At least that’s what Amor Menezes at the University of California, Berkeley, in collaboration with scientists from NASA, proposes in a paper published in the Journal of the Royal Society Interface in November. The paper estimates that employing microbes on a two-and-a-half year trip to Mars could deliver huge savings in the mass of the outbound rocket’s payload.


The trip to Mars would take seven months. And the fuel for the return journey would talke up two thirds of the mission cargo. To reduce the load, the Berkeley/NASA team considered generating methane fuel from Martian resources for the return leg. Generating it requires CO2, which is 95% of the Martian atmosphere, and hydrogen, which could be sourced from the planet’s frozen water using electricity to slit it into hydrogen and oxygen.

The chemical reaction requires heavy duty equipment to reach high temperatures and pressures, which rather defeats the purpose. But lightweight microbes such as Methanobacterium thermoautotrophicum are designed for the task. On Earth, they live on hydrogen and CO2, spewing out methane as a by-product. In a vat filled with CO2 and hydrogen, the team calculate the microbes could make all the fuel needed for the return journey in 205 days, less than half the planned stay on Mars. The incubator needed for the microbes would weigh less than half that needed for the chemical synthesis of methane.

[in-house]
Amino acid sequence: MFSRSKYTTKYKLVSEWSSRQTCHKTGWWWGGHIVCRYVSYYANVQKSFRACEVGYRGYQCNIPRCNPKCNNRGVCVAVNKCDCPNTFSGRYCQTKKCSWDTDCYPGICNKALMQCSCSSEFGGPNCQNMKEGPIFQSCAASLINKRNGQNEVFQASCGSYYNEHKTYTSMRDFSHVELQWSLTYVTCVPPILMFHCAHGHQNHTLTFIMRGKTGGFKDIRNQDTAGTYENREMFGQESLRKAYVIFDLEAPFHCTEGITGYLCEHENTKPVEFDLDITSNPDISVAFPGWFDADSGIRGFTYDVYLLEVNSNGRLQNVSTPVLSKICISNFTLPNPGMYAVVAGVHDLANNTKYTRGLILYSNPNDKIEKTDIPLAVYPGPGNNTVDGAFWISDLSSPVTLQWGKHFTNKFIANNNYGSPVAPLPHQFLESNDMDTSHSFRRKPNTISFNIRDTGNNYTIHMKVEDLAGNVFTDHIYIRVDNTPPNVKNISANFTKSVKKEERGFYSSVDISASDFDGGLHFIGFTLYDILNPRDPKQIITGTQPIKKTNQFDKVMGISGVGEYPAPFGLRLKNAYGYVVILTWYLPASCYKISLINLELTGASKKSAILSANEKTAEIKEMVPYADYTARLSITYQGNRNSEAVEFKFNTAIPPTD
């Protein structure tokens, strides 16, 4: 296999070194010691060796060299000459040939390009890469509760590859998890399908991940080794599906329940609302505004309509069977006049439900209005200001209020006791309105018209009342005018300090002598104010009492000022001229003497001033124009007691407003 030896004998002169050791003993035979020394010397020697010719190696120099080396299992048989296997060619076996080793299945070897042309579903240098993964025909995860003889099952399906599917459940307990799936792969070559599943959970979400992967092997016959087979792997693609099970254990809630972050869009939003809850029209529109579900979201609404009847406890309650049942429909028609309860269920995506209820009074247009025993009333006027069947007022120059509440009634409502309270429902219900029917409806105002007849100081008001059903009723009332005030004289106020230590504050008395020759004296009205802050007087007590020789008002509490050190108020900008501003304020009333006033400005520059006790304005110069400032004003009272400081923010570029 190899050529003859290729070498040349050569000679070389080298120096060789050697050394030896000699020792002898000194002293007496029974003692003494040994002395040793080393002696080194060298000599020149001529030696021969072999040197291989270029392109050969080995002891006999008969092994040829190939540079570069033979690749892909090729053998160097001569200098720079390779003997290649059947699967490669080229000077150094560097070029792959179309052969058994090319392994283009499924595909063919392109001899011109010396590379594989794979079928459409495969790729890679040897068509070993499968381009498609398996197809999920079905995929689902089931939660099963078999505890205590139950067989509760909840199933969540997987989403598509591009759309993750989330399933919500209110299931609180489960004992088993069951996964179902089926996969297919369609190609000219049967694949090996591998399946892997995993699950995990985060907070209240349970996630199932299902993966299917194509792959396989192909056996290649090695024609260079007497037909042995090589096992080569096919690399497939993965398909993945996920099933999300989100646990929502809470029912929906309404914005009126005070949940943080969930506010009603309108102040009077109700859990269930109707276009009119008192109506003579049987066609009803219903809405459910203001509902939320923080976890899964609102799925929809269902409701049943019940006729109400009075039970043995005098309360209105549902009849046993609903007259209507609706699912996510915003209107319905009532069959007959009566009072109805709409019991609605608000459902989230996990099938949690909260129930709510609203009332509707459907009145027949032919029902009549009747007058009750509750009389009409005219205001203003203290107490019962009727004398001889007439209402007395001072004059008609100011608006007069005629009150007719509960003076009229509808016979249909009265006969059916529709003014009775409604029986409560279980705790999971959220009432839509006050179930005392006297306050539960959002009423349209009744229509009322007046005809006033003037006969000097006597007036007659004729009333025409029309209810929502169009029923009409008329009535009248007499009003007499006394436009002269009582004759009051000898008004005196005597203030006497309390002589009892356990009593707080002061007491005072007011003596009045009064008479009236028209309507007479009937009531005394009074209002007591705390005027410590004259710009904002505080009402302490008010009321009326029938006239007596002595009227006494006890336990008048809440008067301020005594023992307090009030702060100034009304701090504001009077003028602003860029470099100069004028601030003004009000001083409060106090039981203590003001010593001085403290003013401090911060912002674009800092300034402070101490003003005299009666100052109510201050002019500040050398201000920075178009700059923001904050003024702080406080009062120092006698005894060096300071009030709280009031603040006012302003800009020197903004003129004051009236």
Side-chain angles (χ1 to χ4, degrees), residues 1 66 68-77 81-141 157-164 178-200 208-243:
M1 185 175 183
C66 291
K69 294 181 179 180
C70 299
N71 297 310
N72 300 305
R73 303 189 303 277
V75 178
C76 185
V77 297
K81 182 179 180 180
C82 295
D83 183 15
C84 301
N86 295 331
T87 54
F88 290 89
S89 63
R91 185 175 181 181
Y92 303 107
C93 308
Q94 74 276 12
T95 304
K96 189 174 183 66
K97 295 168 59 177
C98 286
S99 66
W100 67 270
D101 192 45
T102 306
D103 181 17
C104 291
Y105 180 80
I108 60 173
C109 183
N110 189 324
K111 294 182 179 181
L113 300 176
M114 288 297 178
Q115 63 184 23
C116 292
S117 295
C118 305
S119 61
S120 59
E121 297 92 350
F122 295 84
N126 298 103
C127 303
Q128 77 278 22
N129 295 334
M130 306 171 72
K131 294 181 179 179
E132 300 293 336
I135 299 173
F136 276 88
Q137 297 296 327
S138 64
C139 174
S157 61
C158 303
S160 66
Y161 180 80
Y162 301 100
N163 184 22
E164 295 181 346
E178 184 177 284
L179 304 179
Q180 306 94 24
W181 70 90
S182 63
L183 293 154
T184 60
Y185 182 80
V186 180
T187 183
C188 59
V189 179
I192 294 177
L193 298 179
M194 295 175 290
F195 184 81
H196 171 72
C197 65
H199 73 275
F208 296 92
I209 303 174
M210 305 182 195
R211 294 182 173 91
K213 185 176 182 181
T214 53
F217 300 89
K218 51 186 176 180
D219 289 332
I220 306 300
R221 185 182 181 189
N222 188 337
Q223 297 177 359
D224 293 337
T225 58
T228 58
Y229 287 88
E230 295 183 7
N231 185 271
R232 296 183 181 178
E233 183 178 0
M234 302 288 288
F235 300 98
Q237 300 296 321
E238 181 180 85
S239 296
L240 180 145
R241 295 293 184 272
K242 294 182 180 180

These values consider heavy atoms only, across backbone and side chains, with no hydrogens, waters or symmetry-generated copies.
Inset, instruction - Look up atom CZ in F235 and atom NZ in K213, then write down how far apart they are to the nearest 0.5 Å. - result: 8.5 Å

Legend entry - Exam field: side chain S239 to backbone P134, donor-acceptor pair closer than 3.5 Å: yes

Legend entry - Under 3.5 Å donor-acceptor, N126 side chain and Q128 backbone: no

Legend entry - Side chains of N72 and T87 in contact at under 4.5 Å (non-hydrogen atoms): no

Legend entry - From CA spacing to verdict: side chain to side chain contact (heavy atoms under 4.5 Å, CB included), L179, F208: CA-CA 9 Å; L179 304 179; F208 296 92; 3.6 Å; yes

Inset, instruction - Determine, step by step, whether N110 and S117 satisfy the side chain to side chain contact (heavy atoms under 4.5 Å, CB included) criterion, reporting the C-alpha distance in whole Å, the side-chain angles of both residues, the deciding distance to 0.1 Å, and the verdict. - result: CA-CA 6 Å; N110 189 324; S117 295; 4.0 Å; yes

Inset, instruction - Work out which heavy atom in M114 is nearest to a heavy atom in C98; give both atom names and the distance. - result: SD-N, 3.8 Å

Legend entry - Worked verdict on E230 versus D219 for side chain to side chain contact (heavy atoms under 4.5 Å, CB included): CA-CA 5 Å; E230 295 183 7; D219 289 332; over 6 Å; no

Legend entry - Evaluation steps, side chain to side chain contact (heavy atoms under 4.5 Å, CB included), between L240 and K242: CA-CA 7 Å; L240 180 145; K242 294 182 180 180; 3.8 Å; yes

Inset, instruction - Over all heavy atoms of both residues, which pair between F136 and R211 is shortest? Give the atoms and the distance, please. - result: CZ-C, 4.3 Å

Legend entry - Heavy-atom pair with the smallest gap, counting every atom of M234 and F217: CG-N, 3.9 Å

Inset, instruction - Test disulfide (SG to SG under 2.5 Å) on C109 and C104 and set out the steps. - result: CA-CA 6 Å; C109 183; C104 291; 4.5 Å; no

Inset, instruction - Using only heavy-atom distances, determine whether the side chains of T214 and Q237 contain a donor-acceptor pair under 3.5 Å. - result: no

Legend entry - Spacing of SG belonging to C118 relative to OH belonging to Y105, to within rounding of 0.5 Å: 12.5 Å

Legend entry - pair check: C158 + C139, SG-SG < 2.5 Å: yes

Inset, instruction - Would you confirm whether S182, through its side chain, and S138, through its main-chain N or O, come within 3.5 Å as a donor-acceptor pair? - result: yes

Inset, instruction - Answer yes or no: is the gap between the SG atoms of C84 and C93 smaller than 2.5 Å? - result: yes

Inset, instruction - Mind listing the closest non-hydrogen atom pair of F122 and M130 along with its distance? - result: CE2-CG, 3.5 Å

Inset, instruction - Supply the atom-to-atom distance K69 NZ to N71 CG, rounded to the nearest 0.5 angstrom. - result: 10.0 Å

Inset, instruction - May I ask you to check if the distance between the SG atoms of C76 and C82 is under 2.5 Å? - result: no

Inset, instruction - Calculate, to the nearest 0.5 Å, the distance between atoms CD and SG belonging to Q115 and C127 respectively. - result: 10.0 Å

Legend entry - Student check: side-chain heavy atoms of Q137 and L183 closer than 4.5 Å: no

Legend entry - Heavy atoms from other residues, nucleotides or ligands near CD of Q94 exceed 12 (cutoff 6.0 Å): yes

A day in the life of a Martian astronaut.CREDIT: JEFFREY PHILLIPS


On the International Space Station astronauts subsist on a combination of freeze-dried meals that must be rehydrated before eating, and packets of “wet food” that are quick to prepare and also more appetising. Feeding Martian astronauts for 30 months would require more than 10 tonnes of wet food.

The biotech solution proposed by the team is for the astronauts to eat spirulina – a green, flaky foodstuff made from photosynthetic algae that grows naturally on the surface of saltwater lakes in Central America and Africa. It’s been eaten by humans since the time of the Aztecs, and recently surged in popularity as a “superfood”.

Spirulina production would cut by 38% the mass of wet food that would have to be shipped to Mars. It is also more nutritious than wet food so astronauts need less of it. The Berkeley and NASA researchers calculate that more than five kilos of spirulina a day – enough for the whole crew – could be grown in bioreactors the size of two kids’ paddling pools. This would save about a third of the mass-cost of sending wet-food to Mars. And, as Menezes adds, by genetically manipulating the algae, “you can change the flavours and textures of the spirulina, so you don’t feel like you’re eating the same thing every time”.